Saint Denis basks in the spotlight
Saint-Denis has benefitted from the spotlight shining on the Stade de France to emerge from the shadows of Paris and revive its royal past.
The Stade de France has given the City of Kings the opportunity to reclaim its own standing. Since this temple of French sport was erected in the Plaine district, Saint-Denis has seen its economic and social development take on a new momentum. The working class Paris suburb has forged a new image in the light of this hub, an image that was always closely linked to heavy industry up until the 1970s. The Saint-Denis canal linking the La Villette docks to the Seine since 1824 placed it at the heart of Europe’s largest industrial zone at the beginning of the 20th Century.
The tomb of the Kings of France
And yet its royal past hardly heralded such an evolution. The first bishop of Paris, Saint-Denis, was martyred and beheaded by the Romans around 250 AD. According to legend, he walked north with his head under his arm, crossing the Montmartre district before eventually falling at the site of the basilica erected in his honour. In the 7th Century King Dagobert converted it into a royal necropolis asking to be buried there. From Hugues Capet, the basilica has sheltered the tombs of every king of France with the exception of Philippe I. These days visitors can link the past with the present by walking a path dotted with 20 historical markers from the Basilica to the Stade de France®.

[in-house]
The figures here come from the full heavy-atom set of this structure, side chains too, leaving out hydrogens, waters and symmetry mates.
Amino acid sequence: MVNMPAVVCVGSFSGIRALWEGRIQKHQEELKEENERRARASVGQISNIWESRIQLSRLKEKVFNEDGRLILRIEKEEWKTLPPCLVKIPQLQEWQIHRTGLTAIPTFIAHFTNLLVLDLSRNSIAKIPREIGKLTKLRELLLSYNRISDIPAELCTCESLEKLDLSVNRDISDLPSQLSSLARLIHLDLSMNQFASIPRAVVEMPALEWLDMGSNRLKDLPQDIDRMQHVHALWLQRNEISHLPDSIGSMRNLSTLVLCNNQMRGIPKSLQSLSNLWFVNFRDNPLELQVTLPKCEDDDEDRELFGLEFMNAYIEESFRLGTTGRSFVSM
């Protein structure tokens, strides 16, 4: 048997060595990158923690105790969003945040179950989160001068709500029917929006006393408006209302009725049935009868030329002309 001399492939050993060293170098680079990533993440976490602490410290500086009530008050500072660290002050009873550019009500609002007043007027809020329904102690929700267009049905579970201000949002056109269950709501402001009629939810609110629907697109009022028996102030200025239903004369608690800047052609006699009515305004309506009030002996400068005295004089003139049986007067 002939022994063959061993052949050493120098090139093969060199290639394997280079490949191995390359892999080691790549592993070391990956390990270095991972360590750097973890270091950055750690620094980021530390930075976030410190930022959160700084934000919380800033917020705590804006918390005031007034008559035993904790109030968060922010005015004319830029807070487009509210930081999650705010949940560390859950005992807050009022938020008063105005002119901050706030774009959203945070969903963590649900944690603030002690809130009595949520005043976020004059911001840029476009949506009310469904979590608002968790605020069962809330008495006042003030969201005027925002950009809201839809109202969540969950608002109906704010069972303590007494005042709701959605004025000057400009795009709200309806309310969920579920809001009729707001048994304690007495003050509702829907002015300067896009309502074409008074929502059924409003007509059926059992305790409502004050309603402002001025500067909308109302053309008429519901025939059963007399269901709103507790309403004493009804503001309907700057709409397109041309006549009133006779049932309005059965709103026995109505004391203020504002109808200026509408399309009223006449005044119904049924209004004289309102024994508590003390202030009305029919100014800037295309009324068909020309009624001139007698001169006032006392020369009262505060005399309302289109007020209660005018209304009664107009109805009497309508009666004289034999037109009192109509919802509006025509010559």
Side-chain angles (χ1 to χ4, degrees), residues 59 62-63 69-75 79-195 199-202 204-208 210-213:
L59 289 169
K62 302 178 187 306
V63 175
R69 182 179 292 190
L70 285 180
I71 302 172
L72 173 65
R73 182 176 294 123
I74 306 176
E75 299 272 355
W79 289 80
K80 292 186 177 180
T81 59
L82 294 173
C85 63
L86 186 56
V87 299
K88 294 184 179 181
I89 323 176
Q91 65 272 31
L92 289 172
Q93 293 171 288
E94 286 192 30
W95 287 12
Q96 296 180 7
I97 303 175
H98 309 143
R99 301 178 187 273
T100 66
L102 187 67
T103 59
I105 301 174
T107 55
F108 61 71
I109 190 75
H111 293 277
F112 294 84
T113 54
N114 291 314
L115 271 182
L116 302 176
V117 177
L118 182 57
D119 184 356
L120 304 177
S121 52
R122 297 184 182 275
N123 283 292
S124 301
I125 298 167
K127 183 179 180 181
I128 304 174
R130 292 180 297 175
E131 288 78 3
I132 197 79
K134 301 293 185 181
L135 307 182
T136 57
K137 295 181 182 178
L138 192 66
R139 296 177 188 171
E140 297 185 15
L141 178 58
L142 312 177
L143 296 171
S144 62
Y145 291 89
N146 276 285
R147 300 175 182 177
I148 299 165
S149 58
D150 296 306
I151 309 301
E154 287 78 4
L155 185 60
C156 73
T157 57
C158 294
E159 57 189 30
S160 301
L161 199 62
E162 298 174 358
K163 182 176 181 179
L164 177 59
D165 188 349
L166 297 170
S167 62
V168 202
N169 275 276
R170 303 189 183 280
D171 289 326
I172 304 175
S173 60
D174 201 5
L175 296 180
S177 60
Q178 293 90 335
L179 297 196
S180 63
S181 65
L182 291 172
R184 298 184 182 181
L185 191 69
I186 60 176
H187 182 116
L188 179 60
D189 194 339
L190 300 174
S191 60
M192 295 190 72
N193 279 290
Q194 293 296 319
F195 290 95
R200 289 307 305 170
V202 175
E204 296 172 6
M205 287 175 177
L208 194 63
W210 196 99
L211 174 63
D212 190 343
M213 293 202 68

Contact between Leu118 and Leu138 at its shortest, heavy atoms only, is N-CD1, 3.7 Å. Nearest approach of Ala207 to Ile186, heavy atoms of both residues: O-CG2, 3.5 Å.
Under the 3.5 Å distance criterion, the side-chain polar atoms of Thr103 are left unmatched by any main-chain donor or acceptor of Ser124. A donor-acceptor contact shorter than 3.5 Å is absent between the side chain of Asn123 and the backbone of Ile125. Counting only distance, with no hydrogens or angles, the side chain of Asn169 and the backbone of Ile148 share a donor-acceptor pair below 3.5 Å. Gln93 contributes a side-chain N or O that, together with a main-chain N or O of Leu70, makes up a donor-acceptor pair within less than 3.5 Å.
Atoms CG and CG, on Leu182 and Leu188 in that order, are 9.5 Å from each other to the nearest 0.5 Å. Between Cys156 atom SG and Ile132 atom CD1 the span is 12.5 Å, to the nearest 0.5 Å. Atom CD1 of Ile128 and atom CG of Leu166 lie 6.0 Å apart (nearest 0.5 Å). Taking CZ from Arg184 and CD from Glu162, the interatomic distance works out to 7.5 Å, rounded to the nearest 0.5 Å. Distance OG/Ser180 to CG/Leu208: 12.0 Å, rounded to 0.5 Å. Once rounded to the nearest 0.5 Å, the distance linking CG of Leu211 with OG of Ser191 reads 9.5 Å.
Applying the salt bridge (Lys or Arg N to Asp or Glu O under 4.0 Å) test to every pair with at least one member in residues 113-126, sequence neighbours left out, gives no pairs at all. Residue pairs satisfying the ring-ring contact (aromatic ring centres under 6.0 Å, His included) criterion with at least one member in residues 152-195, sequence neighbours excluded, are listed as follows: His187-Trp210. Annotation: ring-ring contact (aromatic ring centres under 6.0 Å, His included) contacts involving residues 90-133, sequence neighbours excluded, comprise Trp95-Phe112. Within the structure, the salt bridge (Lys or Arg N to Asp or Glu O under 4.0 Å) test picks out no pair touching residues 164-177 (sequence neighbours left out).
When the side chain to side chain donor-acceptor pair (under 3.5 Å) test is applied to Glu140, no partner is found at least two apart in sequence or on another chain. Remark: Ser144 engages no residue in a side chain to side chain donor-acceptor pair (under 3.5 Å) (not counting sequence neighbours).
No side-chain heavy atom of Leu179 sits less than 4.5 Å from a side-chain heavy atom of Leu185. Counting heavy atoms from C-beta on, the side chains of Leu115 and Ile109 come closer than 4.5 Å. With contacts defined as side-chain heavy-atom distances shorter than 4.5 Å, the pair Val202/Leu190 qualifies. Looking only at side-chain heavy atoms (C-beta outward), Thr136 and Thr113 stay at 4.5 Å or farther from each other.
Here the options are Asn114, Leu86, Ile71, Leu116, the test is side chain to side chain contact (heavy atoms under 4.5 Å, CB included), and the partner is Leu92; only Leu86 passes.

2007: rugby and cinema
After a long industrial crisis, Saint-Denis has rediscovered its energy with the setting up of new service sector firms leading to the creation of 60,000 jobs. Under the impulse of the Plaine Commune and the regrouping of eight municipalities, many projects have been set in motion: The Landy-France business hub covers 170,000 square metres; the transfer of the National Archives from Paris; the creation of the City of Cinema dedicated to the film industry, which will open on a former EDF Electricity Board site in the Pleyel district in the 2007 RWC year. Four years after the world athletic championships, Saint-Denis is preparing for a new festival centred on its jewel.